Wardle, Elizabeth and Douglas Downs “Teaching About Writing, Righting Misconceptions: (Re)Envisioning 'First Year Composition' as 'Introduction to Writing Studies'”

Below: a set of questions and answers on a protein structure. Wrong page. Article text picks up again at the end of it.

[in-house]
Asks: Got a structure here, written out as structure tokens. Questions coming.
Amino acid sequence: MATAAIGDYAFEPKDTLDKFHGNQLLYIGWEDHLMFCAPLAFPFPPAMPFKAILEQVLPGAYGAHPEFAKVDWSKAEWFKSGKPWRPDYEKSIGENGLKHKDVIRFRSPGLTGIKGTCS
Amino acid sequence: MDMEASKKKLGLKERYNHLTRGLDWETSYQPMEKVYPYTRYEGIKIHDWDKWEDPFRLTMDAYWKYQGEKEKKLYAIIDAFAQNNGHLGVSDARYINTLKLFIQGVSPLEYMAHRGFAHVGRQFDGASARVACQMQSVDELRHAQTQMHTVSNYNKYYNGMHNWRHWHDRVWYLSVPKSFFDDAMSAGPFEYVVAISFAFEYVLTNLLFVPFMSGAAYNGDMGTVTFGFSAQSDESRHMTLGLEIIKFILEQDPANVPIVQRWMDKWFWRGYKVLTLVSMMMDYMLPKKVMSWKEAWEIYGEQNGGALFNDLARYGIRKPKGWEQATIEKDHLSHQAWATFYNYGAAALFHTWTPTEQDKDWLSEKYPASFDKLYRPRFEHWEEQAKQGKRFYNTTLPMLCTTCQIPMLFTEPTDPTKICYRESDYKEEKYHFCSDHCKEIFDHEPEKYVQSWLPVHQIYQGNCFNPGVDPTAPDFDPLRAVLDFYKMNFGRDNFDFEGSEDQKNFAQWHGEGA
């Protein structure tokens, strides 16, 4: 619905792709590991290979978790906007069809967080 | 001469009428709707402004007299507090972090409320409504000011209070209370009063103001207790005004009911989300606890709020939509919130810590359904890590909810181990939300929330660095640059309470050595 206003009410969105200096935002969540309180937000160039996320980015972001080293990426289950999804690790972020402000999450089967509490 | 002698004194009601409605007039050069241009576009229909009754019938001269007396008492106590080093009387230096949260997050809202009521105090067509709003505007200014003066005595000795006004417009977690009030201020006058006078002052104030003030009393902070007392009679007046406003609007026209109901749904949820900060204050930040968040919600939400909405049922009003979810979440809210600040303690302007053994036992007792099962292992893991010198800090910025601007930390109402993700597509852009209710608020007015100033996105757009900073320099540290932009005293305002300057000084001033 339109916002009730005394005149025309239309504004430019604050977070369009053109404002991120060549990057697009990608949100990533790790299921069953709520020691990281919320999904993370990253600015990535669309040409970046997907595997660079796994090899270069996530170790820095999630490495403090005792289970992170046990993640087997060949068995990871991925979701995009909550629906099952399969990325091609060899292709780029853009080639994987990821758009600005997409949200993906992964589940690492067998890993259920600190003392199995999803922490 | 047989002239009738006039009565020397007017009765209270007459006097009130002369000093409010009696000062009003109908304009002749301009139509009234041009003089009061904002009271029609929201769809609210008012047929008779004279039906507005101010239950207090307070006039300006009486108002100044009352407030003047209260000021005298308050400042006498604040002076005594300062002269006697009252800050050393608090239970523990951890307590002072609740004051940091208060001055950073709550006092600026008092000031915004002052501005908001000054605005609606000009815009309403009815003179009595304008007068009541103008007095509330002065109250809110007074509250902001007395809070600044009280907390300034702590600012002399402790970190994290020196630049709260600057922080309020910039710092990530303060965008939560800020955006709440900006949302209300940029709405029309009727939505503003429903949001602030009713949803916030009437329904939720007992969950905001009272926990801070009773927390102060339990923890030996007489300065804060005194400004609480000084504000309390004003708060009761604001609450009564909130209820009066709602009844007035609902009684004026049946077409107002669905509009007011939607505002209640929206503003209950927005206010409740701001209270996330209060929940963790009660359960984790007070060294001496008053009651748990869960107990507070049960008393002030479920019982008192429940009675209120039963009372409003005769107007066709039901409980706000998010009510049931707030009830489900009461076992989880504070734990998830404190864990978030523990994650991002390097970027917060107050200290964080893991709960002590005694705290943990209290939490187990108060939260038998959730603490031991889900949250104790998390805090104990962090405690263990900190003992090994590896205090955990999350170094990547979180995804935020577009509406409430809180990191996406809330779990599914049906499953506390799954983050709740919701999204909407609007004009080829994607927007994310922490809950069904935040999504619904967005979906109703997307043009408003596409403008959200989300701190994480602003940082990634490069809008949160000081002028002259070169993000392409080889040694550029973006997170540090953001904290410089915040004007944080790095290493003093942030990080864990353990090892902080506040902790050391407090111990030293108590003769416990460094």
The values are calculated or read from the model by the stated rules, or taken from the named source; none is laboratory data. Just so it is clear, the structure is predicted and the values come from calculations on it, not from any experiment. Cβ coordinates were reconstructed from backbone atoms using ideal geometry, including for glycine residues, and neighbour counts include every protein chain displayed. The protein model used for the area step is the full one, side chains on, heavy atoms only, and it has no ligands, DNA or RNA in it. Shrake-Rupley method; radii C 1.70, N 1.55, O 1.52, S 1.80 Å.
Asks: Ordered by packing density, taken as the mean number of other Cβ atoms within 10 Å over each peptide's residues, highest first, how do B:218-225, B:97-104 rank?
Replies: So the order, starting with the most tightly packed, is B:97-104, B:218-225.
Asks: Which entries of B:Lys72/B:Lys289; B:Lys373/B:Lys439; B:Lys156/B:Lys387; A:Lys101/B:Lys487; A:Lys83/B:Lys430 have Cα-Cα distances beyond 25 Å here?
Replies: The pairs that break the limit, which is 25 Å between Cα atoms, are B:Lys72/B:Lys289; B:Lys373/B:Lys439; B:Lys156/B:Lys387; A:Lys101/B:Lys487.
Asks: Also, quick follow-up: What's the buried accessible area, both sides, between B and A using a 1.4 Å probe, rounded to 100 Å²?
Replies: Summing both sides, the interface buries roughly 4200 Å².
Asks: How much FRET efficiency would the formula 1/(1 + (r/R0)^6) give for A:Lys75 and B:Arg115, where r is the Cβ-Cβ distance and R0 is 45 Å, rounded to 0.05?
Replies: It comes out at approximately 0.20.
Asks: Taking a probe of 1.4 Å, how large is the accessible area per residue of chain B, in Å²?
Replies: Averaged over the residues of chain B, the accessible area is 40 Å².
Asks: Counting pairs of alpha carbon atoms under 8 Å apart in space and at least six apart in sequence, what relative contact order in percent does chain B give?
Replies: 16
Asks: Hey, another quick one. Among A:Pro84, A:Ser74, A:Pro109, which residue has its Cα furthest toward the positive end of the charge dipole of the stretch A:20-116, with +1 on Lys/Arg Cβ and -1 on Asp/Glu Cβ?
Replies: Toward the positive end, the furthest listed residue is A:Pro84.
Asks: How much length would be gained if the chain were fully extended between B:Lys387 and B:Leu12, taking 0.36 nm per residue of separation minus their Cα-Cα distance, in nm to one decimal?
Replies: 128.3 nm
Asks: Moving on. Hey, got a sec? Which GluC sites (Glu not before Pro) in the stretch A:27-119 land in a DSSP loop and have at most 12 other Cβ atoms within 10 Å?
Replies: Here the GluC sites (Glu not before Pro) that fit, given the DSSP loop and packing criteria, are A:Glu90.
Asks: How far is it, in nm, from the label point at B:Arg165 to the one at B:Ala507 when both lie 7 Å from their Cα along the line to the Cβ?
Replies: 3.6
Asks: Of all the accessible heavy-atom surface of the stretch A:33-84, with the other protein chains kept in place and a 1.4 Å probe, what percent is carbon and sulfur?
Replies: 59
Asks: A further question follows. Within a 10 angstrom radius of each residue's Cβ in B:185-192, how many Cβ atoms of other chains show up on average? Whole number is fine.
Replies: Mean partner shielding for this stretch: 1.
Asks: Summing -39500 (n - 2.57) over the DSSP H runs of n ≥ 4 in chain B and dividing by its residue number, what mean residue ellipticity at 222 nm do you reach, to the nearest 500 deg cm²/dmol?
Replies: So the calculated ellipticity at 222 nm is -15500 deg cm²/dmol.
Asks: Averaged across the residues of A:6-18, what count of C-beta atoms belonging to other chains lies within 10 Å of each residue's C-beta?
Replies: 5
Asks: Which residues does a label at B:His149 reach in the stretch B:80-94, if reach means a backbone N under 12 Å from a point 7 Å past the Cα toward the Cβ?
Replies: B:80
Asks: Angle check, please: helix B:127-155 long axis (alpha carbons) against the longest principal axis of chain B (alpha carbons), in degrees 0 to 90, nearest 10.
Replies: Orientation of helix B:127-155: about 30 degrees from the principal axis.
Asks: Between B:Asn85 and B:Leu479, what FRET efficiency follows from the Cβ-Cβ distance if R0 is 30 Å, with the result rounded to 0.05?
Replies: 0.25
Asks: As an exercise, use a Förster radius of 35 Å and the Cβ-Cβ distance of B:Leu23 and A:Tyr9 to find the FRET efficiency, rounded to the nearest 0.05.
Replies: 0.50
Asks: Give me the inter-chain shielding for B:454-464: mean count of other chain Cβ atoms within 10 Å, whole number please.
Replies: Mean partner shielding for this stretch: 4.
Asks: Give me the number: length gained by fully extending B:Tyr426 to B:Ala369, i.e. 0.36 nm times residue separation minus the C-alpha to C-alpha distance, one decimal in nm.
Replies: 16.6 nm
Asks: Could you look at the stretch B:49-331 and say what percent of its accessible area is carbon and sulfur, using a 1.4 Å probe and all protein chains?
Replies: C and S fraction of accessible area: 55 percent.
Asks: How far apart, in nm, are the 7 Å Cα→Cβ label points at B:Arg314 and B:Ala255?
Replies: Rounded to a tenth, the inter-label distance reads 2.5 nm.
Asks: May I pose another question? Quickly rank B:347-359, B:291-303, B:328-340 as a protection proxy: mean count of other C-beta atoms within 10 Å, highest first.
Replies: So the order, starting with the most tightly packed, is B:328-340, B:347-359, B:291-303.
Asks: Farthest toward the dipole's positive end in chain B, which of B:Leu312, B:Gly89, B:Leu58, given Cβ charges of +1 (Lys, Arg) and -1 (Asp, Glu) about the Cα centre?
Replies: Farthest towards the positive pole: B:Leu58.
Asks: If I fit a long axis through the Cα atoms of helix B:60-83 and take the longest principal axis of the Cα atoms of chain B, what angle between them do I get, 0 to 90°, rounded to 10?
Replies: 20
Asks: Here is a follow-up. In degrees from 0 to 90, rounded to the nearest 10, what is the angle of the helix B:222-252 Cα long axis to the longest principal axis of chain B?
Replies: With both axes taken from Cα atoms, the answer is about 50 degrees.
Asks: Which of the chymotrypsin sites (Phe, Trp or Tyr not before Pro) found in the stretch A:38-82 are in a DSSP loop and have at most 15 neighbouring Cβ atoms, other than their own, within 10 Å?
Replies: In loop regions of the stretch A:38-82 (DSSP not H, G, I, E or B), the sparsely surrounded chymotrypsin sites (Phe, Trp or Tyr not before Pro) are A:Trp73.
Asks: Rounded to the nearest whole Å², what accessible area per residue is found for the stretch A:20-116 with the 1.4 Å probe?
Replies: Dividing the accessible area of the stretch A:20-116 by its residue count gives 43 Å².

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In their article, Douglas Downs and Elizabeth Wardle discuss the problems they see with the “First-Year Composition” course and outline the changes they believe should be made in order to create an “Introduction to Writing Studies” course. They state early on in the article, “When we continues to pursue the goal of teaching students “how to write in college” in one or two semesters...we silently support the misconceptions that writing is not a real subject, that writing courses do not require expert instructors, and that rhetoric and composition are not genuine research areas or legitimate intellectual pursuits” (553). Throughout the article they outline a Writing Studies course that emphasizes reading about writing and reflection among many other things. They explain, “students are taught that writing is conventional and context-specific rather than governed by universal rules” (559). Downs and Wardle provide two case studies of varying students to illustrate how their Writing Studies course can work for any type of student. After a recount of benefits students gain from this type of writing course, the article closes with a discussion of challenges and critiques.

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